If driving from Vancouver, get on the Trans-Canada Highway and then take exit 50. Follow signs for 160th Street, and then turn left onto 96th Avenue. Make a left turn into the Hatchery parking lot, which is after 164th Street but before 168th Street.
Serpentine Hollow Entrance
A fourth parking area is at the Serpentine Hollow Entrance at the end of 161st Street just south of 102nd Avenue. Here you’ll also find toilets and walking trails. This entrance is the closest one to the Trans-Canada Highway and #50 Exit.
What You’ll Find at Tynehead Park
There are exceptional walking and cycling trails at Tynehead Regional Park. There is also a great off-leash dog area, a river, forest, rolling hills, a fish hatchery and even a group camping site. The park is a popular place for nature lovers and people wanting to go for a walk, jog or bike ride.
Dogs at the Park
Dogs are welcome in most areas at Tynehead Park when on leash. Near the Serpentine Fields Entrance, at 10017 168th Street, there’s an enclosed field where you can let your dog run around freely. It’s a great spot for dogs and their owners to play.
Tynehead Fish Hatchery
The address for the fish hatchery is 16689 96th Avenue. Chinook, Coho and Chum salmon are bred at the hatchery. The fish are then released into the Serpentine River.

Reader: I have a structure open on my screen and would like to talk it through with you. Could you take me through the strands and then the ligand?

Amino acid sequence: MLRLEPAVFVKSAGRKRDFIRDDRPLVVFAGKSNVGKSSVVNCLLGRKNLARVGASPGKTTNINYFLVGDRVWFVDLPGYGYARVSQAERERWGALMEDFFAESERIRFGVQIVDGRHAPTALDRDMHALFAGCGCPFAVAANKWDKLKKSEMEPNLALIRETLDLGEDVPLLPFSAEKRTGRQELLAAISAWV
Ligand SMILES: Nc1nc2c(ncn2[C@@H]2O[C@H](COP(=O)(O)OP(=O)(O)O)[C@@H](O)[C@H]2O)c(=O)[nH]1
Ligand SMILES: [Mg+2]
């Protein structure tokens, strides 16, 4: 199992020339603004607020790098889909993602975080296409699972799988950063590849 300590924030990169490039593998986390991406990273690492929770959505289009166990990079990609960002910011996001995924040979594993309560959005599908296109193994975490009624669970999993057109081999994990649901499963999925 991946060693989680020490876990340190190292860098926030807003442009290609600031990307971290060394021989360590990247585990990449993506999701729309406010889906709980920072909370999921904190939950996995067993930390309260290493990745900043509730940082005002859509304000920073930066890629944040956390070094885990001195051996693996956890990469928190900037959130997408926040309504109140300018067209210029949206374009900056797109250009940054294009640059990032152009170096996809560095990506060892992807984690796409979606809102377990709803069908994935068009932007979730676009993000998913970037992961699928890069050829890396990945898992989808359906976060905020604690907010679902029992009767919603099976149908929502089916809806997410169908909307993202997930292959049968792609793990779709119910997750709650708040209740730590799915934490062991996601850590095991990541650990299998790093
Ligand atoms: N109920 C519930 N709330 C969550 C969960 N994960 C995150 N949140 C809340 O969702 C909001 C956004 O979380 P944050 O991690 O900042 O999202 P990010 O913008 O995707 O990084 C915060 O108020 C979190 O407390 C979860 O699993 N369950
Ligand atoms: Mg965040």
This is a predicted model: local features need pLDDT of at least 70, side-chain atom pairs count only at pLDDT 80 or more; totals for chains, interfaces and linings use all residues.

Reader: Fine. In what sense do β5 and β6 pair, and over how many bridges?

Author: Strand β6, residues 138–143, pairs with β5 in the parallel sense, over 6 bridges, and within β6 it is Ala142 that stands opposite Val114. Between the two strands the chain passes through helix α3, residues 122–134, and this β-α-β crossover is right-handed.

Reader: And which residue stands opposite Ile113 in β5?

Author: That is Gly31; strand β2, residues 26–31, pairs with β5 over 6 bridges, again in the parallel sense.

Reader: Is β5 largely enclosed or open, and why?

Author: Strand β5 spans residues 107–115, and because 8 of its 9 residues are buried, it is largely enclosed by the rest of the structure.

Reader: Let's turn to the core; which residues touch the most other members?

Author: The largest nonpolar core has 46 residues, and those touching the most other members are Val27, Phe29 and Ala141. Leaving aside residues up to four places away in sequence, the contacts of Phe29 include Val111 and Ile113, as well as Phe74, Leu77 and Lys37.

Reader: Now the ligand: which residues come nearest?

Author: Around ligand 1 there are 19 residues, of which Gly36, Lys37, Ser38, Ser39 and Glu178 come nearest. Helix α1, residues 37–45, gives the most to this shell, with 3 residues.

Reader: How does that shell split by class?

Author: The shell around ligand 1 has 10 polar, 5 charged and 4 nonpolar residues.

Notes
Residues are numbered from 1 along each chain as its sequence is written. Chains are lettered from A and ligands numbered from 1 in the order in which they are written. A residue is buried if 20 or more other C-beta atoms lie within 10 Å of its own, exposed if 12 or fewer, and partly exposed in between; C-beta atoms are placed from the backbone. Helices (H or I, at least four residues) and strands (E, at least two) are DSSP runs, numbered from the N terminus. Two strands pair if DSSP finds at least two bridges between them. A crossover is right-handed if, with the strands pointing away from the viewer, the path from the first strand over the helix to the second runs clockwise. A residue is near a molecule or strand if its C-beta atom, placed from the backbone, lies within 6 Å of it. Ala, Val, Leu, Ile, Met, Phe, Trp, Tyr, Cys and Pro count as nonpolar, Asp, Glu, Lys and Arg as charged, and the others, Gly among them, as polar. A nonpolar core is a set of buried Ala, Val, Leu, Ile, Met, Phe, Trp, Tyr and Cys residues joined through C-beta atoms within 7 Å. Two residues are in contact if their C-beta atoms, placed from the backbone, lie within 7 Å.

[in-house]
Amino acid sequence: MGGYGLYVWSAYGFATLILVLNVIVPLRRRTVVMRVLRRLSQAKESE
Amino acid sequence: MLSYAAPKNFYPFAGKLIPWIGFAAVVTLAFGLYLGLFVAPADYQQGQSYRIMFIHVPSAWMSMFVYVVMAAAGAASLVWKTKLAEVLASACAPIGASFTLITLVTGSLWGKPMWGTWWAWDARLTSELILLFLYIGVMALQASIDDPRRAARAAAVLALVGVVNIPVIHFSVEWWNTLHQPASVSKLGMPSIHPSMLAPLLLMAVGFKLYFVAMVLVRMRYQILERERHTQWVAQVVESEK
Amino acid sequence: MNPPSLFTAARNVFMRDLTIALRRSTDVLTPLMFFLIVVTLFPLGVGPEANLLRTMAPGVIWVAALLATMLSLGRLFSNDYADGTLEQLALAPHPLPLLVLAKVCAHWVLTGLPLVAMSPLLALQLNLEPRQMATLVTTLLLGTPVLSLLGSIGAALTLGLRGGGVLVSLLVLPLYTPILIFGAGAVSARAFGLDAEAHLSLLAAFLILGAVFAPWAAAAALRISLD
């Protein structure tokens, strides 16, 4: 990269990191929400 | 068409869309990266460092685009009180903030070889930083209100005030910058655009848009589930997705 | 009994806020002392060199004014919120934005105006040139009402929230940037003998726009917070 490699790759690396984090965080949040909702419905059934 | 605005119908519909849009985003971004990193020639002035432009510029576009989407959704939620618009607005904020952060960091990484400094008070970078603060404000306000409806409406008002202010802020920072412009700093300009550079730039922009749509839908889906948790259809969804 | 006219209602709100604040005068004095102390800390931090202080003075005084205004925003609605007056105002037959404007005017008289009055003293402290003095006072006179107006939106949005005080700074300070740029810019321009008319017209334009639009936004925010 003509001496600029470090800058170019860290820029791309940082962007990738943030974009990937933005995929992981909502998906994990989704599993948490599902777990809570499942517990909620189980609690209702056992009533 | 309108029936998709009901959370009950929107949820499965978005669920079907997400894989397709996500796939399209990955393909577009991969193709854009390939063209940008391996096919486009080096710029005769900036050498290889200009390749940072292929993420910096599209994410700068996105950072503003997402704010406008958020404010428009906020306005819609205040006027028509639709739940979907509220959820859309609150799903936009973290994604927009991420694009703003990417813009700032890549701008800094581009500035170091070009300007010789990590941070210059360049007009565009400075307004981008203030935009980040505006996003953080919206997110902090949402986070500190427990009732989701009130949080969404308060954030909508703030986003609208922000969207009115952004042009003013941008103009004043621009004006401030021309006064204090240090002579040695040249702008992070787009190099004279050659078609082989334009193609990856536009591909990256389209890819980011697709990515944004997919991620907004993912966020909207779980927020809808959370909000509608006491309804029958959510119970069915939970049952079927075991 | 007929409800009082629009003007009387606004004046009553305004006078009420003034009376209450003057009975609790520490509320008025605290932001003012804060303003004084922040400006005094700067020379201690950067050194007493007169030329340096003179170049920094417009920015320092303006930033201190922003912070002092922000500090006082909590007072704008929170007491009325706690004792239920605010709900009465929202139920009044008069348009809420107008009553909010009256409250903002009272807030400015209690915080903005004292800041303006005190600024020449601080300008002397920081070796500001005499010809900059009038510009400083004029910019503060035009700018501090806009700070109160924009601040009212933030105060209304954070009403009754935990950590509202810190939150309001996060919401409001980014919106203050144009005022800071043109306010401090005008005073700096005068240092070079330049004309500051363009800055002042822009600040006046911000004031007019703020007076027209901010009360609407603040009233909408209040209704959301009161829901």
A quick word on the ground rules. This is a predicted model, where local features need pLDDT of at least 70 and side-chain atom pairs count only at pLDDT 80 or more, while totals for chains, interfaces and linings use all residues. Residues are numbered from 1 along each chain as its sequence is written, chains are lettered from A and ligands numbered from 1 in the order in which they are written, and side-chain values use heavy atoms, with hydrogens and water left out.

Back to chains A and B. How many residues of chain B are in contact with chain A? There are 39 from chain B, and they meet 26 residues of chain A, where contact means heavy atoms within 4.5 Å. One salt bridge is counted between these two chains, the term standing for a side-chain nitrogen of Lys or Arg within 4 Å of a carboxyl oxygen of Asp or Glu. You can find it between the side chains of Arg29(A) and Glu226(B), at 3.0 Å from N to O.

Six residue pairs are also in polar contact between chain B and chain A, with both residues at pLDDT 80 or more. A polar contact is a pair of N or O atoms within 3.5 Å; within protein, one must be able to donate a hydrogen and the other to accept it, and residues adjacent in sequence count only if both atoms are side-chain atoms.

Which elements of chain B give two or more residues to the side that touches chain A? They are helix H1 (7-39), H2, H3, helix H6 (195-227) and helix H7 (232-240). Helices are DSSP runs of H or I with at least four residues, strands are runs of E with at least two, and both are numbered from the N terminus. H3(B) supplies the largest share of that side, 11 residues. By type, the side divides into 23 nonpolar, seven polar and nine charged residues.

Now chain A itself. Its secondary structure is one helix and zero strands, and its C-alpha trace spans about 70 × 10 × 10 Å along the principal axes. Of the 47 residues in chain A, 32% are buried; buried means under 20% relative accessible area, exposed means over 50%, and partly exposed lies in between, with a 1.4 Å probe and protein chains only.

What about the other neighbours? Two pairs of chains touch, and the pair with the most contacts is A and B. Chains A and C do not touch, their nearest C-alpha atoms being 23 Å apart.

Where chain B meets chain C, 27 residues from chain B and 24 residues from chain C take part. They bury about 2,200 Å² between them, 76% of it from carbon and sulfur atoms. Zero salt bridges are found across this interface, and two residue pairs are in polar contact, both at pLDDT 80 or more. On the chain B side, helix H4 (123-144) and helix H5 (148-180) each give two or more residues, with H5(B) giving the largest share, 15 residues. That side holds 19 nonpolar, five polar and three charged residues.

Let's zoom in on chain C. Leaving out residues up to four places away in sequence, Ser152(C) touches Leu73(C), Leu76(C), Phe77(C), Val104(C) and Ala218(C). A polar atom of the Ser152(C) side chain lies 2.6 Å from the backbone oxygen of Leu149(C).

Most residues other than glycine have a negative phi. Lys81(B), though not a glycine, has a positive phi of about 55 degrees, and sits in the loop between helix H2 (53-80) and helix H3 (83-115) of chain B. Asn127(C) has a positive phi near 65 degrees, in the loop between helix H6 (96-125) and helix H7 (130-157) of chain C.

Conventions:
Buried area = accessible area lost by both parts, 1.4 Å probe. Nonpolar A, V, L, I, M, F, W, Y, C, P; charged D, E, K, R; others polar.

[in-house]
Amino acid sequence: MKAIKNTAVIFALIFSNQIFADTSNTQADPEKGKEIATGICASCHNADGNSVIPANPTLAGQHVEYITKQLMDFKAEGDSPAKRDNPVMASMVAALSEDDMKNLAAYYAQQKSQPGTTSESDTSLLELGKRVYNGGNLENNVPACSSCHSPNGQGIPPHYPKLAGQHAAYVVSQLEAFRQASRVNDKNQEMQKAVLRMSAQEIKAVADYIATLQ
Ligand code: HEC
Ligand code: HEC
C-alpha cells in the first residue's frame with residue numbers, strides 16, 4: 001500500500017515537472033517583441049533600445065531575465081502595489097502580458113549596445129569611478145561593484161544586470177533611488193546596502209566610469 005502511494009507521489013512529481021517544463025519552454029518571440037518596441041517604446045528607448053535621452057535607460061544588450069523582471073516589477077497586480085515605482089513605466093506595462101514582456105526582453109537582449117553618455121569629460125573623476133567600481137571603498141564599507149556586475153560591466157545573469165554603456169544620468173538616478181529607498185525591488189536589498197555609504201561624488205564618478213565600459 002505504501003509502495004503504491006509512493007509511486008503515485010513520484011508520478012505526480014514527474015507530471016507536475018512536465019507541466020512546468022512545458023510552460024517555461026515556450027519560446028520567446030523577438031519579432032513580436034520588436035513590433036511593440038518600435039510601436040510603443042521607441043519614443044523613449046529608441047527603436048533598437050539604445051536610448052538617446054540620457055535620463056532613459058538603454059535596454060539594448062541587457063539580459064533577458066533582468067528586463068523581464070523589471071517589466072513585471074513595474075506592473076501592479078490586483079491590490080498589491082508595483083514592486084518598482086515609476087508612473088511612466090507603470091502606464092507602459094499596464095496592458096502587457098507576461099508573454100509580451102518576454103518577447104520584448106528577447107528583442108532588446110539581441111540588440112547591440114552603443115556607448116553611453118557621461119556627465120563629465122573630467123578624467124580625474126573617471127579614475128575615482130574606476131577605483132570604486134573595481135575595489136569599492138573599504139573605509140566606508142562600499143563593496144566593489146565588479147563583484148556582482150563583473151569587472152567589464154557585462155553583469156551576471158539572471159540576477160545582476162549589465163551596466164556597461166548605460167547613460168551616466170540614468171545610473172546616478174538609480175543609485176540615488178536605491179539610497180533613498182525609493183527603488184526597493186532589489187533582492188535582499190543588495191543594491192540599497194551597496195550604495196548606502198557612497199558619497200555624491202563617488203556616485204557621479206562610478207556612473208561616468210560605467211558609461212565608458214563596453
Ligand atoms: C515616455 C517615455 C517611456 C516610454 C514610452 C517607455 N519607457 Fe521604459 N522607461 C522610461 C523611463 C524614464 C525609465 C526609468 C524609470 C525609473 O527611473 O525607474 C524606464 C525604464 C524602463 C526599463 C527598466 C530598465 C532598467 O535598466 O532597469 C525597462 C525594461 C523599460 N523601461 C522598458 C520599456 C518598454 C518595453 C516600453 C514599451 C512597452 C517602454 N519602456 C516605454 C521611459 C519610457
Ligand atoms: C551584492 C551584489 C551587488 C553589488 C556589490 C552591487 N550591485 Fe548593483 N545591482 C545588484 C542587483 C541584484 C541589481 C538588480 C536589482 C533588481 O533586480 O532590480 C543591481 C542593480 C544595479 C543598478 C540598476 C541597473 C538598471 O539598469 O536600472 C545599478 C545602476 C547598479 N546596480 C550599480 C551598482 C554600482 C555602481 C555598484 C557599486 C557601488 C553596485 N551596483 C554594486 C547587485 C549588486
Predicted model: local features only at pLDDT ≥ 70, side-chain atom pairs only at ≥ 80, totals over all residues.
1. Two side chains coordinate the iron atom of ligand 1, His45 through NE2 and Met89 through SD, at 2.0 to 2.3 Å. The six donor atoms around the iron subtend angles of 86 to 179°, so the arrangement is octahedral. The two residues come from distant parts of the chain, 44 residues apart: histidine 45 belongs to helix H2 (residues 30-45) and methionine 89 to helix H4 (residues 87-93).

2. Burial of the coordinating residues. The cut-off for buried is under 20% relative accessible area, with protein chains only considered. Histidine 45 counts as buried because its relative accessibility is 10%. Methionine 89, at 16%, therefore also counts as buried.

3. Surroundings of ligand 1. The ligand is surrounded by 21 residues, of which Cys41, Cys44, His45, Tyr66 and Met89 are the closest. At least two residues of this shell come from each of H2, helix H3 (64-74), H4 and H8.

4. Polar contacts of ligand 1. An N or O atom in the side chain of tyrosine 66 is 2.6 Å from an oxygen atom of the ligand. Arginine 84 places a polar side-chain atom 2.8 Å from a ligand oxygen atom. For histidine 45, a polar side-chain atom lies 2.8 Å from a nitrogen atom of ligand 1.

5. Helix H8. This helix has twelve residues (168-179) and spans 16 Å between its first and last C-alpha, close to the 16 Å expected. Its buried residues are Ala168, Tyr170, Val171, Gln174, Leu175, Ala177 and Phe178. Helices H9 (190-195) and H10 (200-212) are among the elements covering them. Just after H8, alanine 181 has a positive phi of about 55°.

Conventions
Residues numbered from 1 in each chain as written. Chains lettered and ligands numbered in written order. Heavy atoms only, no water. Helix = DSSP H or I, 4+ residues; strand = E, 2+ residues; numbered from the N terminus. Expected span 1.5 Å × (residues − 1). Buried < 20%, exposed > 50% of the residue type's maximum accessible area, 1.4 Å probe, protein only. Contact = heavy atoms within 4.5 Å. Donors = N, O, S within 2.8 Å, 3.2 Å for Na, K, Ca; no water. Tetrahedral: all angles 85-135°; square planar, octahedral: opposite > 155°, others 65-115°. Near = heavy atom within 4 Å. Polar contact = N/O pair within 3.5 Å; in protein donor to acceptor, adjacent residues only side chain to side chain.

The hatchery is sometimes open to the public. It was closed during the COVID-19 pandemic but has since re-opened.
To learn more about the facility, see the Tynehead Hatchery‘s website.
TIP: If you like fish hatcheries, one of our favourites is the Capilano River Hatchery in North Vancouver.
Walking and Cycling Trails at the Park
Tynehead Regional Park is full of trails. Some are fairly flat and others go over rolling hills. Some are paved, others are gravel. Most of the trails go through forested areas, but others are out in the open.
As mentioned above, the park is divided into two halves with 168th Street running north-to-south down the middle. In the western half the trails are for pedestrians. Cycling is only allowed on the Tynehead Perimeter Trail which makes a loop around the eastern half of the park. The Perimeter Trail is a paved path shared by both cyclists and pedestrians. It makes for a nice and fairly leisurely bike ride, although there are hilly sections (so you will get some exercise).
Hiking trails in the western half of the park include the Birch Grove Trail, Hatchery Trail, Hawthorn Trail, Nurse Stump Trail, Serpentine Loop Trail, Salmon Habitat Loop Trail, Sunny Trail, Trillium Trail and Tynehead Greenway. Of these, only the Hatchery Trail, Birch Grove Trail and Salmon Habitat Trail are suitable for people in wheelchairs.
Because it’s paved, the Tynehead Perimeter Trail is also wheelchair accessible (although it’s hilly, so tough going if having to rely on human power).
For a map of the park and its trails, click Tynehead Park Map.
Located less than half a kilometre from the hatchery, the Raven’s Nest Group Campsite is good for up to 40 people. It has a dozen small tent areas, a picnic shelter, a campfire ring and pit toilets. To reserve the facilities you have to call 604.432.6352.
The Raven’s Nest is a group campsite, so for large groups. It’s not for individuals, unless you want to book the entire area for yourself. You also can’t just drive in and show up with your tent. Advanced reservations are required.
For a map and further details, click Tynehead Park Brochure.
Other articles that may be of interest include the following:
- Lower Mainland Parks and Nature
- Vancouver on a Budget
- City of Surrey
- Places to Walk, Jog and Cycle
- Camping in the Lower Mainland